• Several other people have written rebuttal blogs, published elsewhere. (See below.)

• Membership in Loki’s Wyrdlings Facebook group has mushroomed.

• The Troth issued a membership survey to discover if Loki should be hailed once again at Trothmoot. (Results and decisions to be announced sometime in January, I believe.)

10:28 Lokabrenna Dedication
Lokabrenna Tiny Temple altar, on the day I formally dedicated it.

• And some of us are having discussions of further ways to organize and nurture our religious community as we’re individually and collectively tired of discrimination and disrespect from so many in neopagan and heathen communities.

I feel so blessed to be part of this community of Lokeans, Loki wellwishers, and allies. It’s lovely. I feel I made several new friends this last week. I feel so privileged to be able to say openly: Loki is my patron god. I’ve got others, but he’s the closest and dearest to me.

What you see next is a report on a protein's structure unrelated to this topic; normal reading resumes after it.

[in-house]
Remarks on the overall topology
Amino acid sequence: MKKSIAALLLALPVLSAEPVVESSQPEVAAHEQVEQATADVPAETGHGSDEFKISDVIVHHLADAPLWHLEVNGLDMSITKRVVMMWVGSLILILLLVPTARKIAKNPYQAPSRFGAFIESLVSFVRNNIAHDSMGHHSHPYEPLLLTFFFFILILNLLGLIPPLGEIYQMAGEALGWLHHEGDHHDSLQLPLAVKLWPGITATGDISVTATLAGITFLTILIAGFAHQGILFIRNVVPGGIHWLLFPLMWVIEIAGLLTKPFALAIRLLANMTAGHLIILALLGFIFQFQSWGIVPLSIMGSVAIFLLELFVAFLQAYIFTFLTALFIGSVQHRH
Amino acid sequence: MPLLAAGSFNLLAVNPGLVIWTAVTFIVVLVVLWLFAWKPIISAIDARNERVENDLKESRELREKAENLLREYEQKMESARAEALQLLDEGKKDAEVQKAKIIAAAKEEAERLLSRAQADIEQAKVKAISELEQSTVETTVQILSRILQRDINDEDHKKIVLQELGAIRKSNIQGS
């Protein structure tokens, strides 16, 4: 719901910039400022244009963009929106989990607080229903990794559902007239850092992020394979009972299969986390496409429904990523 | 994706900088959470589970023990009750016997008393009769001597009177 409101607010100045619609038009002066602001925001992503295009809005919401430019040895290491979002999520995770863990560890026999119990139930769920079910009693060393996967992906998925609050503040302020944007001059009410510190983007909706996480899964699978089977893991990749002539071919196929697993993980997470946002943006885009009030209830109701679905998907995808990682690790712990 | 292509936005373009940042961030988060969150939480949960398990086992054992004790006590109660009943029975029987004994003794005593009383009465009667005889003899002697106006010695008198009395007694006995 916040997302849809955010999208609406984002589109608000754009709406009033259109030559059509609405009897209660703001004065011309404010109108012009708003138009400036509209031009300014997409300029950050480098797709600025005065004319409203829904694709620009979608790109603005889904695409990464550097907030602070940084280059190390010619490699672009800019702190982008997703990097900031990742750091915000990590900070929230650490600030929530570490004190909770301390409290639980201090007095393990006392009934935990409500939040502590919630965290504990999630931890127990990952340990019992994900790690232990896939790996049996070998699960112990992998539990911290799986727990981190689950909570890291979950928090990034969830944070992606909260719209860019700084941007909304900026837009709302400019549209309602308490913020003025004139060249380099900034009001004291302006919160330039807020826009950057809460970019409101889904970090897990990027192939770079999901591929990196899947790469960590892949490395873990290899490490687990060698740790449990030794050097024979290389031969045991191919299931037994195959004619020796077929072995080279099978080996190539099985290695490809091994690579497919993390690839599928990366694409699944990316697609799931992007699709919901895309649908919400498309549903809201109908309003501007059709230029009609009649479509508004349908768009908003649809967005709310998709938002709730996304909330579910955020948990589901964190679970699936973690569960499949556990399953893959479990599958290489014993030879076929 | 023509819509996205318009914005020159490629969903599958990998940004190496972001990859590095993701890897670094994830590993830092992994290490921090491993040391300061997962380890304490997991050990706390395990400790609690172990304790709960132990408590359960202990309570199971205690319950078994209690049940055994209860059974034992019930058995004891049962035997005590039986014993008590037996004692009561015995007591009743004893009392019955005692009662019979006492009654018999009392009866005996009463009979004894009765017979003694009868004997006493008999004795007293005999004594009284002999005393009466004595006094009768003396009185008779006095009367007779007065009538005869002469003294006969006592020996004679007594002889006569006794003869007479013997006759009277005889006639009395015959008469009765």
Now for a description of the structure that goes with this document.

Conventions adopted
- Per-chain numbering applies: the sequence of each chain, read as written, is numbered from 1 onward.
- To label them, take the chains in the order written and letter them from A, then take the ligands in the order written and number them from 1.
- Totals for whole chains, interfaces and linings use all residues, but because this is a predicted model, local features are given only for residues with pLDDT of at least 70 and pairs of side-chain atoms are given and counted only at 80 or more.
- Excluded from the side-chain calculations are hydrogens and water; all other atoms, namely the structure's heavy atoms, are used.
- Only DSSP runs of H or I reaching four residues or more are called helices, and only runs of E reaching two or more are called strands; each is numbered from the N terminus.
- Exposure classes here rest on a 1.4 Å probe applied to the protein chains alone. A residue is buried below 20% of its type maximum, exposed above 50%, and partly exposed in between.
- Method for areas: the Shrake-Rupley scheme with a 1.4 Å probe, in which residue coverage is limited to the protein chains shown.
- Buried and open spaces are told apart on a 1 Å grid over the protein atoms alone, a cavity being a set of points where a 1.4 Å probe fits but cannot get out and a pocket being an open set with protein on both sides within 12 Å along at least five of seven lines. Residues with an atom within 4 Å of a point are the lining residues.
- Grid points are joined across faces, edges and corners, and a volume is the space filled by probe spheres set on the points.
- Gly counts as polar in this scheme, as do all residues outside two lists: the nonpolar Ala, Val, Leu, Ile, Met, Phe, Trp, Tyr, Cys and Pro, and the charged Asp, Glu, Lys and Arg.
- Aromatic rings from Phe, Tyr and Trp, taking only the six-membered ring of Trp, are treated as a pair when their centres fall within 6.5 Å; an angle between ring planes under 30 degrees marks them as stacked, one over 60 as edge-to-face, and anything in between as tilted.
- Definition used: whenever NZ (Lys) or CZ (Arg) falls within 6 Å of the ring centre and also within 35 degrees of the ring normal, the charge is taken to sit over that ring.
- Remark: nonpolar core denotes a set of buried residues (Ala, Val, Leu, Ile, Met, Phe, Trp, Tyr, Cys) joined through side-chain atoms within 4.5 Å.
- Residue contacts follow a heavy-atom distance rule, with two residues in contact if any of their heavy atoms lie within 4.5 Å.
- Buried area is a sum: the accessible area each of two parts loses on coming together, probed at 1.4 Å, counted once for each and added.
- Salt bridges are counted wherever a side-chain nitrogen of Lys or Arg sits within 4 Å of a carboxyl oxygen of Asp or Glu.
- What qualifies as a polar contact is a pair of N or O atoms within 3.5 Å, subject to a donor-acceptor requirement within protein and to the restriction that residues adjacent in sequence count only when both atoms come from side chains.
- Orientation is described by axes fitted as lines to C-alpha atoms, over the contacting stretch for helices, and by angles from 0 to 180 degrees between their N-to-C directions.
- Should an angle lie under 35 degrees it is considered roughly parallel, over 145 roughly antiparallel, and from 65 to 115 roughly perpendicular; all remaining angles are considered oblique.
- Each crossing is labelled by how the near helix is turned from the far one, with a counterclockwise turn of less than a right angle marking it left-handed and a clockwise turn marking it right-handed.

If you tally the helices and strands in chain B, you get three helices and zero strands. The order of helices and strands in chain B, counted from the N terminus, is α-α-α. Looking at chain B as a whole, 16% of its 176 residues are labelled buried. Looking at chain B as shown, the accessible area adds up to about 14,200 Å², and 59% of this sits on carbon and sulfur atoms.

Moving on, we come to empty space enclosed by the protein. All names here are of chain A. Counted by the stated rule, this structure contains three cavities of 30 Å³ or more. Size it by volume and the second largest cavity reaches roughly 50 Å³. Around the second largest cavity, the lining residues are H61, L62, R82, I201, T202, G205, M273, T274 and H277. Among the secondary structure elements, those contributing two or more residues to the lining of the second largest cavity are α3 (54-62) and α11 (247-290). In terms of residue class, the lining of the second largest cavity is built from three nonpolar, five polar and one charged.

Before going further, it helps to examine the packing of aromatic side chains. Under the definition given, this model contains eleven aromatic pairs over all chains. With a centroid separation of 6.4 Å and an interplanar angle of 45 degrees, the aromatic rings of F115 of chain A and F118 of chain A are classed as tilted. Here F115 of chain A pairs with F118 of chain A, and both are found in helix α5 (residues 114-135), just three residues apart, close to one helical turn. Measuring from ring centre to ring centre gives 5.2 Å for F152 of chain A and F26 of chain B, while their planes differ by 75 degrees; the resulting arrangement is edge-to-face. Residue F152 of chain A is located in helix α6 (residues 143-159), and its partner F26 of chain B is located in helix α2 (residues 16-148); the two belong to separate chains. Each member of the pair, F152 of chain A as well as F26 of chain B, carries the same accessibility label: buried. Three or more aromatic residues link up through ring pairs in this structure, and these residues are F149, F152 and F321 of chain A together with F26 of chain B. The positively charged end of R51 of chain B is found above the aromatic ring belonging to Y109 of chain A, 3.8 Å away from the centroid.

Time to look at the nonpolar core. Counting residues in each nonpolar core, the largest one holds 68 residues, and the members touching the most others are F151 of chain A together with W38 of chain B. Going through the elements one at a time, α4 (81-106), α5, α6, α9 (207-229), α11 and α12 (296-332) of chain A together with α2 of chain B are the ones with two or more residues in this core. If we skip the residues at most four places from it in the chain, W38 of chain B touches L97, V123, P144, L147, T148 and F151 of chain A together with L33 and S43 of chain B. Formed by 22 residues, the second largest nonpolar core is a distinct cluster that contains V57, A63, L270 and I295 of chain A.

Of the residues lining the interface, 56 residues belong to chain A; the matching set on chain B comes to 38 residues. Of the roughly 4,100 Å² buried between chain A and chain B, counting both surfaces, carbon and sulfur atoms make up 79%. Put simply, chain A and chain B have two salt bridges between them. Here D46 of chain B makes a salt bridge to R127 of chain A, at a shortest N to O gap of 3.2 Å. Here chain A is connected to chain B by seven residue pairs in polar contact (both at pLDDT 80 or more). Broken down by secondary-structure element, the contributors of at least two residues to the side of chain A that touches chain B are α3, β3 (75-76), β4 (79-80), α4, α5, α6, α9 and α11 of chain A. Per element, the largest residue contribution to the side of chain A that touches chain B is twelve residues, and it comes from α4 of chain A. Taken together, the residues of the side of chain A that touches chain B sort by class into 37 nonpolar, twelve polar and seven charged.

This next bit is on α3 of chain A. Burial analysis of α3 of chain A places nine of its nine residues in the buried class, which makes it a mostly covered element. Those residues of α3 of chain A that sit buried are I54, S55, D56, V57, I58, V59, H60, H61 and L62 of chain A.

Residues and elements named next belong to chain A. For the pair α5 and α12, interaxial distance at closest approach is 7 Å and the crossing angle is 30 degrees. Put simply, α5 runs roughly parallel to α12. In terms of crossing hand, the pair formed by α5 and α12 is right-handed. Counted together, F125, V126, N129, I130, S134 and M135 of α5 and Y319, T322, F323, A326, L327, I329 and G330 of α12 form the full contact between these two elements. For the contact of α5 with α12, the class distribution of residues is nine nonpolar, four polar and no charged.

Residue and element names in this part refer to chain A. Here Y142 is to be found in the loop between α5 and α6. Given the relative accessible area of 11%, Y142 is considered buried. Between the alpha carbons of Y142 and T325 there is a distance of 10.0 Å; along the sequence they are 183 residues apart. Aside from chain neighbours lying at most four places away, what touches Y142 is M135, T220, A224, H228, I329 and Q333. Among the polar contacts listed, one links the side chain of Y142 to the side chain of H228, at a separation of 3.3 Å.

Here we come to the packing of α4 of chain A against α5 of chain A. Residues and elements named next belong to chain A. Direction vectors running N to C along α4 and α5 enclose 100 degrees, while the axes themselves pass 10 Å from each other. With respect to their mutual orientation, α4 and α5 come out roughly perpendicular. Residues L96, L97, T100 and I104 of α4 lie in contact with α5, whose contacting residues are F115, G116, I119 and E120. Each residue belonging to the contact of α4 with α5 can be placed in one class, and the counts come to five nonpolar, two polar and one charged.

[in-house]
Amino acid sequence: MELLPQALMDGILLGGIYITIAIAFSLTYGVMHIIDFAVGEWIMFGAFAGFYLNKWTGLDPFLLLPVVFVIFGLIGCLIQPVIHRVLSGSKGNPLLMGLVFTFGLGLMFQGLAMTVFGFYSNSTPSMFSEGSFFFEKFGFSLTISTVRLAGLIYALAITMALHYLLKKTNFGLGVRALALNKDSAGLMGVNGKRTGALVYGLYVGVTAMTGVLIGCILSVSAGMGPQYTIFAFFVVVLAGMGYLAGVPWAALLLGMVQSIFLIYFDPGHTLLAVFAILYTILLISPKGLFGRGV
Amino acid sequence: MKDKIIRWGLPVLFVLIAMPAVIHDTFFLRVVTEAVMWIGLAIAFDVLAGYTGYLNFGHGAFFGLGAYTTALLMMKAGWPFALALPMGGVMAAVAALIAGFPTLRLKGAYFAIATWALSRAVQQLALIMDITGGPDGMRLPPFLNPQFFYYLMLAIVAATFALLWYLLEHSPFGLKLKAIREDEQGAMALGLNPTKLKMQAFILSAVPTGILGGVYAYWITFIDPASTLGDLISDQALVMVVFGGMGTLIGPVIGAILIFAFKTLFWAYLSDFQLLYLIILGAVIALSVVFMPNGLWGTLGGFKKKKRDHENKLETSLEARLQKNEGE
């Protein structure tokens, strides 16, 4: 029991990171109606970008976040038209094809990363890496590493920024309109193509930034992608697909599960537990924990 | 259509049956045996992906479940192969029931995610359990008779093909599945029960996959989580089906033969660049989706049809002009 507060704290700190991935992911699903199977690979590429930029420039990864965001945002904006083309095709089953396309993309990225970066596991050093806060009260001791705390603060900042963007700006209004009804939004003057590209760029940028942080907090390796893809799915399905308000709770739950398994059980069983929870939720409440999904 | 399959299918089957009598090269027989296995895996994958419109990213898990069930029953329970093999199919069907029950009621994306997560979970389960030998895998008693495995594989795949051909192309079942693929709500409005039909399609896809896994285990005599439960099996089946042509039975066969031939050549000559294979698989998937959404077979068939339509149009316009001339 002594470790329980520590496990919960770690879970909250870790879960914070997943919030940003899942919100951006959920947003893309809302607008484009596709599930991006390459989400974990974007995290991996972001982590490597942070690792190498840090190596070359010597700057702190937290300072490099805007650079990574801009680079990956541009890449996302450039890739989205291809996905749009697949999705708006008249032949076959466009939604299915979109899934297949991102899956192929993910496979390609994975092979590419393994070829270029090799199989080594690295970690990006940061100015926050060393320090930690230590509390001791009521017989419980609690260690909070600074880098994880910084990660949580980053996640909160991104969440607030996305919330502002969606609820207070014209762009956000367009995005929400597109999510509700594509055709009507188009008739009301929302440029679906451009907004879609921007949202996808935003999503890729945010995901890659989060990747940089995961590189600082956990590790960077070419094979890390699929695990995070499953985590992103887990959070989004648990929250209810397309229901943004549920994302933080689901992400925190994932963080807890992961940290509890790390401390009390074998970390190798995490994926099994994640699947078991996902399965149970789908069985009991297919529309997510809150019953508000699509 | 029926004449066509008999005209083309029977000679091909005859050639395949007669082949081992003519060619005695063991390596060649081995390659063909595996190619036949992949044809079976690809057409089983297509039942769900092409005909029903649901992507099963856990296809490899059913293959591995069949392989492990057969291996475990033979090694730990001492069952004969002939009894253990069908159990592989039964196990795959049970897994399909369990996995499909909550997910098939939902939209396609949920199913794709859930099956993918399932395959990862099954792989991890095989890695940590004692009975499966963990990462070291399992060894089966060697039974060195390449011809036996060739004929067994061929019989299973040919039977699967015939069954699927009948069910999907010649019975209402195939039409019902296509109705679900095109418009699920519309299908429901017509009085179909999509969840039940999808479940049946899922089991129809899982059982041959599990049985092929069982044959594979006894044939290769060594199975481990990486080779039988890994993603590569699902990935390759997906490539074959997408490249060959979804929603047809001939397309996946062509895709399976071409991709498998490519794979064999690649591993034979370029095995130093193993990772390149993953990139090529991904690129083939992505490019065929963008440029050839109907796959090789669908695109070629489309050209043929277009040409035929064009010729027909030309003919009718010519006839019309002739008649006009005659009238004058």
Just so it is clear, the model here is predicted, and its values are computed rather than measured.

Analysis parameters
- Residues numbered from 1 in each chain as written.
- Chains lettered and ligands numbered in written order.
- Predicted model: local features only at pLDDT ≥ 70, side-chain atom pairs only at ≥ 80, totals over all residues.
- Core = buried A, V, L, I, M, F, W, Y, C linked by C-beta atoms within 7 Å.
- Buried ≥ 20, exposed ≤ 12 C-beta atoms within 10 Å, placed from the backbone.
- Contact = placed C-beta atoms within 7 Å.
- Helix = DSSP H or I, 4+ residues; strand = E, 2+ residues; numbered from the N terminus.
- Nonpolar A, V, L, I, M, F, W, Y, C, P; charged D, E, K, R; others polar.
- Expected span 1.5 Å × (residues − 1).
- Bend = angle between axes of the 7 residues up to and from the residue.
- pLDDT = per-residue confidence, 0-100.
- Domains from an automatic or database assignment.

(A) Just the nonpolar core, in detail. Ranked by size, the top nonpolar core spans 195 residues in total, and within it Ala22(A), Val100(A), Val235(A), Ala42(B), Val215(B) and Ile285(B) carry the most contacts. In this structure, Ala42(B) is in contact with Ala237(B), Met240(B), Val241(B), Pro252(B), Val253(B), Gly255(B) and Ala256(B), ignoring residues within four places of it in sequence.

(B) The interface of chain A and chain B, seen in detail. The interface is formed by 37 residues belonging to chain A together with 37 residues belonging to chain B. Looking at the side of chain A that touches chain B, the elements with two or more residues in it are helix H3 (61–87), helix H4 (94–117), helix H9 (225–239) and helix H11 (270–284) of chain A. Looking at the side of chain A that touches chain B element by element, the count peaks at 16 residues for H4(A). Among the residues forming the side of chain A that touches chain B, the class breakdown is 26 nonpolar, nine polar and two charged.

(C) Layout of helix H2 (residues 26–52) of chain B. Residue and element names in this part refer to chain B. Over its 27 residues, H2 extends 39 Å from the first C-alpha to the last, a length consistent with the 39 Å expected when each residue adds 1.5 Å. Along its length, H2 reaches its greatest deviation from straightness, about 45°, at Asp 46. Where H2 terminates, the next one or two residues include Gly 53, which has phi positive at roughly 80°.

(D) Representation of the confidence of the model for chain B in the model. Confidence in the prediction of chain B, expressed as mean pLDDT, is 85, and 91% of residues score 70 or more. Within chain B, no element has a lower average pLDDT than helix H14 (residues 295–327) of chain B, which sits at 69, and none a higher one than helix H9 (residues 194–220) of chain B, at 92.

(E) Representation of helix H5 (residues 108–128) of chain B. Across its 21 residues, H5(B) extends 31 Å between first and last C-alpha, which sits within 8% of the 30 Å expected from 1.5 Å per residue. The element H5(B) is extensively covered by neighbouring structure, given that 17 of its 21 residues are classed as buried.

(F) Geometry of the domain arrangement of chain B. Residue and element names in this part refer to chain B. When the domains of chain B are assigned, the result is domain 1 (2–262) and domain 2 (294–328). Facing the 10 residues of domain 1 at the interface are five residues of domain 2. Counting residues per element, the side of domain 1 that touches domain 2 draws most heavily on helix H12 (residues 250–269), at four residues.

Hail Loki!


Rebuttal Blogs and Columns–In Progress

I am sure there are more. I will add them as I find them. Please add to comments section if you know of ones I’ve missed. Thanks!

Dagulf Loptson, Loki and Trump: My Thoughts

Kyaza, Analysis of Seigfried’s Comparison of Loki and Trump

Sonya Odinsdottir, Rebuttal to Article: Loki in the White House

Sarenth Odinson, Loki is Not Trump (Neither is Odin)

John Mainer, Loki, Discord and Deep Lore


Lokean Blogs and Resources–In Progress

I will add as I find more. Please add to comments section if you have suggestions. Thanks.

Dagulf Loptson, Loki Cult (blog)

Kyaza, A Polytheistic Life (blog)

Amber Drake, Fire and Ink (blog)

Bat Bruja (blog)

John Mainer, Mainer74 (blog)

Moonrouge — glorious Loki artwork.

Loki’s Wyrdlings on WordPress

Loki’s Wyrdlings on Facebook

Loki University (online course, associated with Loki’s Wyrdlings)

Lokean Collective on Facebook

Lokean Welcoming Committee on Tumblr